1
$\begingroup$

I am trying to analyze an experiment comparing consumption of 2 food types in a choice-type design. Subjects (bees) were offered a choice of 2 food types, and their daily consumption of each food type was recorded. Each subject also was assigned to one of 2 Infection treatments. We want to know-- " How does infection affect preference for one food type over another?

I am wondering if it is acceptable to model this like a repeated measures design, with 2 observations per subject and timepoint-- one for each food type. Or is that not acceptable because the 2 food types were given at the same time? The repeated measures type design seems to be what was suggested here by Ben Bolker: https://stackoverflow.com/questions/7831243/multivariate-linear-mixed-model-in-lme4

Below I paste a code to generate a random data set, to show the general data structure.

####choice analysis for list###
Df<-expand.grid(Time=seq(0,10,1),
        Subject=c("Honeybunch","Buttercup","Rosy",
                          "Sting", "Buzz", "Bumble"))
Df$Infection<-NULL
Df$Infection[1:33]<-"Infected"
Df$Infection[34:66]<-"Uninfected"
Df$Infection

Df$Consumption.Food.A<-rnorm(n=length(Df$Time),mean=30, sd=6)
Df$Consumption.Food.B<-rnorm(n=length(Df$Time),mean=25, sd=8)

library(lme4)
##Analysis with consumption of other food type as covariate
ModelA<-lmer(Consumption.Food.A~ Time + Infection + Consumption.Food.B +
               (1|Subject),data=Df)
ModelB<-lmer(Consumption.Food.B~ Time + Infection + Consumption.Food.A +
             (1|Subject), data=Df)

#option to convert data to long format
library(tidyr)
Df_long<-gather(data=Df, key=Foodtype, value=Amt.eaten, 
                Consumption.Food.A,Consumption.Food.B)
View(Df_long)
#Is this model legal, because both foods offered simultaneously?
Fullmodel<-lmer(Amt.eaten ~ Foodtype * Infection + Time +
                  (1|Subject) + (1|Time), data=Df_long)

(Originally I was planning to model proportions of the 2 food types eaten, but the actual data has many values close to zero that could make the proportion estimates highly variable. And the proportional analysis would not account for the strong trends of decreasing with (a) time and (b) infection treatment)

$\endgroup$
1
$\begingroup$

I think what you described about using a "long format" for your data is perfectly reasonable. Additionally I think it is very natural to model this having a repeated measurements design; after all you are repeatedly measuring the consumption of each of your bees. Having said that there are some caveats you need to be careful with:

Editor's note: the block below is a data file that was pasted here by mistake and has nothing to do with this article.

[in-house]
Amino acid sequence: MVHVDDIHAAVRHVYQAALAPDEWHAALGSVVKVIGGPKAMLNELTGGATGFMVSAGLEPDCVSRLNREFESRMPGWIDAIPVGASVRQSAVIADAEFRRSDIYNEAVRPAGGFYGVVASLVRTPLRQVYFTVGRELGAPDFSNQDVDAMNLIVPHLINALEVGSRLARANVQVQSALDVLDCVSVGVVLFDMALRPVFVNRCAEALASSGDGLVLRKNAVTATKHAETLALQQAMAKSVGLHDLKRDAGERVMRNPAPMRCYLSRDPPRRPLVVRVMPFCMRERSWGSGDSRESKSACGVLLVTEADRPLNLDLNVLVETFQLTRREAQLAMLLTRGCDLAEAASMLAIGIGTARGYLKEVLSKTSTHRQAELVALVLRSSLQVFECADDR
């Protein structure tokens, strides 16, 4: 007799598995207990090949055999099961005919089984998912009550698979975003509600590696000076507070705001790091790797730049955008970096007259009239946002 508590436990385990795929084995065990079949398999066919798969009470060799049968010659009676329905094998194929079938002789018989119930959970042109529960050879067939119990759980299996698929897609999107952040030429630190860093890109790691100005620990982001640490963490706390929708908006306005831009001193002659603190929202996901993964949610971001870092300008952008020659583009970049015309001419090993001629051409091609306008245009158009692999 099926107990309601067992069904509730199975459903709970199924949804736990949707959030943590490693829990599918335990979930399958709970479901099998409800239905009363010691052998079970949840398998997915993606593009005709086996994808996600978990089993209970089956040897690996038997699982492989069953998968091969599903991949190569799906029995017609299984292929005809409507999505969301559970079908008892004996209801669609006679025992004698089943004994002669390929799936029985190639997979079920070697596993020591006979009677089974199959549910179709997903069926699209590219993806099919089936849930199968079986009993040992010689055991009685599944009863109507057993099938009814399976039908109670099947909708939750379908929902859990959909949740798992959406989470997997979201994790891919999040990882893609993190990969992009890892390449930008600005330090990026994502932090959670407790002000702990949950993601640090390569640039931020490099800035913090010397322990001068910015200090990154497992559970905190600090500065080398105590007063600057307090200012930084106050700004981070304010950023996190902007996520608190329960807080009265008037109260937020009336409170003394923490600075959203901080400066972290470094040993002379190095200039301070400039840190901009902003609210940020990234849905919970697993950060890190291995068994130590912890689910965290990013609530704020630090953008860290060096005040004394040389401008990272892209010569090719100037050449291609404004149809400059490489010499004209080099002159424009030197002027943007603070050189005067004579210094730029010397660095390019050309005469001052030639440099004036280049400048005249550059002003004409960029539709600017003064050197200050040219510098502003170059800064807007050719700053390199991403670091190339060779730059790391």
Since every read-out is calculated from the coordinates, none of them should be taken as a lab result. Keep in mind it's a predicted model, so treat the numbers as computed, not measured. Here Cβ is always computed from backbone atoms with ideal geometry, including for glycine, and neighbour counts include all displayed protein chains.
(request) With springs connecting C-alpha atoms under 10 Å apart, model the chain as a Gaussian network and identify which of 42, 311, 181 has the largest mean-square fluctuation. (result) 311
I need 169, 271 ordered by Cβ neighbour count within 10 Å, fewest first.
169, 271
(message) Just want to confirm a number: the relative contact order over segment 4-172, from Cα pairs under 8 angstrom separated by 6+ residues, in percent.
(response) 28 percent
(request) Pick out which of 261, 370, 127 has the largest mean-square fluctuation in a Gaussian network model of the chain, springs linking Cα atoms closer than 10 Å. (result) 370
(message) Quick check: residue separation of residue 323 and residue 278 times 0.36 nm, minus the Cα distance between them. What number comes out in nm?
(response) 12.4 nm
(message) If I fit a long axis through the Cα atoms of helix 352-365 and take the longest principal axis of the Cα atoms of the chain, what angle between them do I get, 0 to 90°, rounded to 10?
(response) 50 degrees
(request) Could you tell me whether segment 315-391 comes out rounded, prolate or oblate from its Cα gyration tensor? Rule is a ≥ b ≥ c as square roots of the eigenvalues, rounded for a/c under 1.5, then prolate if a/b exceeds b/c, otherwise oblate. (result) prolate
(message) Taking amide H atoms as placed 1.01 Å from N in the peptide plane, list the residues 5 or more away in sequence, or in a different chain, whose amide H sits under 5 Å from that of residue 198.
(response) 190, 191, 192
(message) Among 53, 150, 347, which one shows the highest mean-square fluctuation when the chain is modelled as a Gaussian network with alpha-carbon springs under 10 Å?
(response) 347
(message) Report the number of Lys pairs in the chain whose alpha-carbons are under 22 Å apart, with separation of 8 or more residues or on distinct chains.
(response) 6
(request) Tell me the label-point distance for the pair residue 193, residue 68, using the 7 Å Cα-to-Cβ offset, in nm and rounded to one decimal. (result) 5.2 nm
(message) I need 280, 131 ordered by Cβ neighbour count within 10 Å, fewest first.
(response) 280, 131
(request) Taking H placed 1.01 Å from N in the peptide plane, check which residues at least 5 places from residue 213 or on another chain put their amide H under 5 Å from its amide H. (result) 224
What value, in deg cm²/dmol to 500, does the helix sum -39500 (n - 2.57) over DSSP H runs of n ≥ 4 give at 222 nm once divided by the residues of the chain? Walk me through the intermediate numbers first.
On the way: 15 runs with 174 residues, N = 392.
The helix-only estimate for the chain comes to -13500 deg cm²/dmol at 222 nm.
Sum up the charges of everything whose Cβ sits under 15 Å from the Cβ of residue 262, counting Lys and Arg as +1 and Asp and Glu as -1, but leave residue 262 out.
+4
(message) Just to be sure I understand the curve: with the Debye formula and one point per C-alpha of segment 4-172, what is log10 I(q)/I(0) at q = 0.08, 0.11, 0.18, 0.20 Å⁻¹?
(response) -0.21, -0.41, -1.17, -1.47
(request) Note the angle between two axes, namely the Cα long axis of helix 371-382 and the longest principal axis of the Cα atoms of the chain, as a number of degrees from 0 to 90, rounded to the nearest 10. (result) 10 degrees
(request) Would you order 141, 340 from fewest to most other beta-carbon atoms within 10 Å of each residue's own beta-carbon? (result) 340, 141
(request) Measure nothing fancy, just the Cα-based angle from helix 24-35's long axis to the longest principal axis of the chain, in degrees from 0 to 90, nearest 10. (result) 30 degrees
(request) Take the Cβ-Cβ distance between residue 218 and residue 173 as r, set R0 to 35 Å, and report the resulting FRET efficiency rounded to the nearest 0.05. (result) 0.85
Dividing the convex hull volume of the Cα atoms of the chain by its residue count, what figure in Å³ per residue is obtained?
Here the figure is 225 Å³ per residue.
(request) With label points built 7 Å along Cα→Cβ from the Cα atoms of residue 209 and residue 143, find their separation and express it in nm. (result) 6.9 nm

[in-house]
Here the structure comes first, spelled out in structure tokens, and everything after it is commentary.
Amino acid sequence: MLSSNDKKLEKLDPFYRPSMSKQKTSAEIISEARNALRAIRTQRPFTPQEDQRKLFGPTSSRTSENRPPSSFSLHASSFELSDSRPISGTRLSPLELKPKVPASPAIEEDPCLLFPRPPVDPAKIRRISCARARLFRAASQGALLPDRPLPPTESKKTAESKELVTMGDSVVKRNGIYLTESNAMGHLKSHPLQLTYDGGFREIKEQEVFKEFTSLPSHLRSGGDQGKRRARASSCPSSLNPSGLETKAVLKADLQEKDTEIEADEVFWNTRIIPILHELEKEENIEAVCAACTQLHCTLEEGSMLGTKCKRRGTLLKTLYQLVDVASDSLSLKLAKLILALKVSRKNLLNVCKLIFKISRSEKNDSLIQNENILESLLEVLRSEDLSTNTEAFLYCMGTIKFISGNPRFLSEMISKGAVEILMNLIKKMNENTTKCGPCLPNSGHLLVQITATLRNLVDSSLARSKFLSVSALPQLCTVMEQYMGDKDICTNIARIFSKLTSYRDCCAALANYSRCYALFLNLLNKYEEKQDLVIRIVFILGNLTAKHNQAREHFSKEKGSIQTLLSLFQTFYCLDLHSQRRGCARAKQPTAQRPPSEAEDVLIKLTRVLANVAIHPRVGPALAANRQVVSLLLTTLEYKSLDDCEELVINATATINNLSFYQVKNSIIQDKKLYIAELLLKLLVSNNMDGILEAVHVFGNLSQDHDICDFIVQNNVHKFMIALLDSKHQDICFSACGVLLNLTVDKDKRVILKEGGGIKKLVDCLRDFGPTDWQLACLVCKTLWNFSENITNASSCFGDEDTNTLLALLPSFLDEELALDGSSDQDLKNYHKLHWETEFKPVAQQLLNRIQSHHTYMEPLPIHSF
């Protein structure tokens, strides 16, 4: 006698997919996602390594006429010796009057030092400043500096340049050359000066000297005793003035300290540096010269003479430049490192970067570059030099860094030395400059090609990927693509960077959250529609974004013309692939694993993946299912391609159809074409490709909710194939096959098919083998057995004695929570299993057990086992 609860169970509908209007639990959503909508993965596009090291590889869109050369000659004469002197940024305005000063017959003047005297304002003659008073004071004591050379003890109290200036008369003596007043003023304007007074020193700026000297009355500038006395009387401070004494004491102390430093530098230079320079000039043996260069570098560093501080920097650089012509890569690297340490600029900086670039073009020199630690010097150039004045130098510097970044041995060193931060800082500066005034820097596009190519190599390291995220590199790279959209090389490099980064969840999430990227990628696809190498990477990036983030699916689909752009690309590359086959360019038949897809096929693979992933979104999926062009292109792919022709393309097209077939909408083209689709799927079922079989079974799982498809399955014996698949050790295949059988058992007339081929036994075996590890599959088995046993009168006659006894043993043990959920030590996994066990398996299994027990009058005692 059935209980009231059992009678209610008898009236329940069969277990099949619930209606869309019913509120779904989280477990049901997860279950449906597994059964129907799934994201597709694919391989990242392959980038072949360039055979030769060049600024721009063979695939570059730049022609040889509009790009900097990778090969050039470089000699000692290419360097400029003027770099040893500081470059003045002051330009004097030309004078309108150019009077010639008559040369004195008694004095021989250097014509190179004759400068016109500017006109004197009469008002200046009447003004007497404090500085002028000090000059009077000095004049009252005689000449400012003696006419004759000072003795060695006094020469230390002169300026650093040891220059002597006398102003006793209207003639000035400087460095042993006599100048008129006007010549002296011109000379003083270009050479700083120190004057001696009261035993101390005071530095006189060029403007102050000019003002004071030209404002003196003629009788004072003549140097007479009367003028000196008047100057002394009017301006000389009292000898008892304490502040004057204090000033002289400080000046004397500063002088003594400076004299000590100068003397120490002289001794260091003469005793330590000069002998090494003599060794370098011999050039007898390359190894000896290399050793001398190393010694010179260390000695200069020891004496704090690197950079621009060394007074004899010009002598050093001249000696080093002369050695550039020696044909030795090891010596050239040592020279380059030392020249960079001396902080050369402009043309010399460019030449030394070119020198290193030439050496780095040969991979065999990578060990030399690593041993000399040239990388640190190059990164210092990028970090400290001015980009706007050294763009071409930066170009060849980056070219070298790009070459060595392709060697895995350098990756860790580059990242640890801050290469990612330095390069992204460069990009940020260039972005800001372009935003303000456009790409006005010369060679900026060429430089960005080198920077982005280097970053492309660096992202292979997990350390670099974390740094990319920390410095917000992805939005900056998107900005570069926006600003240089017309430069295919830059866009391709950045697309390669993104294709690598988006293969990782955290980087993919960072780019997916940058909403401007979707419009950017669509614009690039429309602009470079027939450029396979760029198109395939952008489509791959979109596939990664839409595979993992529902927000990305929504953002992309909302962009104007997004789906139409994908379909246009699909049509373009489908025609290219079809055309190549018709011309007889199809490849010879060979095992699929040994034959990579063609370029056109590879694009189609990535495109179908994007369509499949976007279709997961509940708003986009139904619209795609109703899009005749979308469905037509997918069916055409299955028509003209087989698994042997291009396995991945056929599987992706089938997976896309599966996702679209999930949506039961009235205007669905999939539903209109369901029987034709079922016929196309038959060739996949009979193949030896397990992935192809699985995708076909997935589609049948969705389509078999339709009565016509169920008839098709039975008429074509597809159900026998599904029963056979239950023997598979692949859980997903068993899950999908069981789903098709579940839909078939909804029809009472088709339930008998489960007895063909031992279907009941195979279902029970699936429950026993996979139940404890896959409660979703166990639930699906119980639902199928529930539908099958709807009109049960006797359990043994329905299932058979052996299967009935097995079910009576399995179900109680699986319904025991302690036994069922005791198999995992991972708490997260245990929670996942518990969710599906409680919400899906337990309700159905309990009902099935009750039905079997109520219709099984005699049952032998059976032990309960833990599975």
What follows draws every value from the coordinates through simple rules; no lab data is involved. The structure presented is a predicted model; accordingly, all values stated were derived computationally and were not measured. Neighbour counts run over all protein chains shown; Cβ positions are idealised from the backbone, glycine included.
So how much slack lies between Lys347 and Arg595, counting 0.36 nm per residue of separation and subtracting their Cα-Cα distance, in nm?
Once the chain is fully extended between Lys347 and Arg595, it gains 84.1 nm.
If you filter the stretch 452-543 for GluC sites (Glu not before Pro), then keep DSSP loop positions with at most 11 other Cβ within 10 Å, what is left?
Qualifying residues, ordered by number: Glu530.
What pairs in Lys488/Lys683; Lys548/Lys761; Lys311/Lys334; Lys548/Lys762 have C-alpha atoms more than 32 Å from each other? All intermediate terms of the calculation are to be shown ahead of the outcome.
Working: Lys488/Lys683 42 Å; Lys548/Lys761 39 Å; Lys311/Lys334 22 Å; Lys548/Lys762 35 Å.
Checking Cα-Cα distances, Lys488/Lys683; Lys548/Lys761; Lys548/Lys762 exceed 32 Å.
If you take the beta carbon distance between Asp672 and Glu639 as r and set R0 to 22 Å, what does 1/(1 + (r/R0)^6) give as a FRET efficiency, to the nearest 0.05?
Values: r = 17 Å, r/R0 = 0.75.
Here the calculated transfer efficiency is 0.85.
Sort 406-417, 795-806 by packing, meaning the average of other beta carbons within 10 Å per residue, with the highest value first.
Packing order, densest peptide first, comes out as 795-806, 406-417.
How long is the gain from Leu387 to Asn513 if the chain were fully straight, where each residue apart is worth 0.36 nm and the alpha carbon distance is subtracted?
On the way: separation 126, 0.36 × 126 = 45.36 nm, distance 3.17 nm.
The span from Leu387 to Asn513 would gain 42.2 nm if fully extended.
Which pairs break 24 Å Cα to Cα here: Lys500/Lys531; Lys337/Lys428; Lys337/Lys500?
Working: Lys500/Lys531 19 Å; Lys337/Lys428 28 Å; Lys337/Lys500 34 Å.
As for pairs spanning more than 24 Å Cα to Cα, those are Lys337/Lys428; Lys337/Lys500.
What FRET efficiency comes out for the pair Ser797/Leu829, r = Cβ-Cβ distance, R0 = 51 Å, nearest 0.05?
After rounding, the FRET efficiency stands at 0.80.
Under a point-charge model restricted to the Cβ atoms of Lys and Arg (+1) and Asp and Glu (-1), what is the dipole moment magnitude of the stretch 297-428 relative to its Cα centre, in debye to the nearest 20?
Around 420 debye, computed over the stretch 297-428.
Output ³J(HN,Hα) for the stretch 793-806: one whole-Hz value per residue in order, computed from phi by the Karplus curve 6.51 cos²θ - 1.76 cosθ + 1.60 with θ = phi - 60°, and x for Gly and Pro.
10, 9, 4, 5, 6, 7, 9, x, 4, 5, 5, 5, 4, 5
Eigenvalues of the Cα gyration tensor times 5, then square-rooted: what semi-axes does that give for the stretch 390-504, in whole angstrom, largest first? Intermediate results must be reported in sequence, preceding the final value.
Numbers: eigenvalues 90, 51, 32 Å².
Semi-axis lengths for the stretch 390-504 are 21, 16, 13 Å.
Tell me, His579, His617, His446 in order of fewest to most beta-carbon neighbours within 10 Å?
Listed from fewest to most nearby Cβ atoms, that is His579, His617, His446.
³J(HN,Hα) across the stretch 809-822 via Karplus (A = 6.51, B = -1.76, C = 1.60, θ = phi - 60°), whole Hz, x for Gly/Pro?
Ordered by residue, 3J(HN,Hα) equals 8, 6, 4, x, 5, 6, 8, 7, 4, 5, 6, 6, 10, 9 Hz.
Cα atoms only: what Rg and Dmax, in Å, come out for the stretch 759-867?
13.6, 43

1. You do not have many Subjects (6) so you cannot have anything more than rather simple random-effects structures.
  2. You appear to use Time as a factor to define a random intercept (1|Time), this is somewhat counter-intuitive. I suspect you want to use it within a random slope per subject (Time|Subject).
  3. Because of point 1 you will probably be unable to properly account for correlation between random factors in the context of (Time|Subject). I would suggest using uncorrelated random slopes and intercepts (Time + 0 | Subject).
  4. You might need to consider using MCMCglmm to have a somewhat more informed model . This will allow you to define some weak priors for your random effects variance structure. MCMCglmm fits multivariate mixed models natively.
$\endgroup$
  • $\begingroup$ Thanks for your response, "11852". (1) The situation is not quite so grim as it looks-- there are 20 Subjects, not 6 as in the fabricated dataset. (2) Thank you for the suggestions to use random slopes for each subject across time. (4) Intrigued by MCMCglmm, but given that there are 20 subjects, I am inclined to stick with lmer for consistency with the other models in the publication. I was also spooked by Ben Bolker's comments about MCMCglmm "not doing well" or "misbehaving", and the touchy nature of the priors. [link] (ms.mcmaster.ca/~bolker/classes/uqam/mixedlab1.pdf) $\endgroup$ – Evan Palmer-Young Mar 25 '16 at 9:30
  • $\begingroup$ I am glad I could help and that you actually have a larger number of subjects than originally presented (more data $\approx$ good thing :) ); if this is post is useful for you or answers your original question please consider upvoting it or accepting it as an answer. If you get -1/+1 correlation estimates you might want to consider the third point mentioned (I say this so you do not overlook it). $\endgroup$ – usεr11852 says Reinstate Monic Mar 25 '16 at 18:10
  • $\begingroup$ Tried to upvote this but looks like a don't have the "15"-level Cross-val reputation:) Thanks again 11852! $\endgroup$ – Evan Palmer-Young Mar 25 '16 at 21:05
  • $\begingroup$ No problem! Welcome to the community. I am sure that if you stick around for a bit and answer some questions you will get your rep up. $\endgroup$ – usεr11852 says Reinstate Monic Mar 25 '16 at 22:03

Your Answer

By clicking “Post Your Answer”, you agree to our terms of service, privacy policy and cookie policy

Not the answer you're looking for? Browse other questions tagged or ask your own question.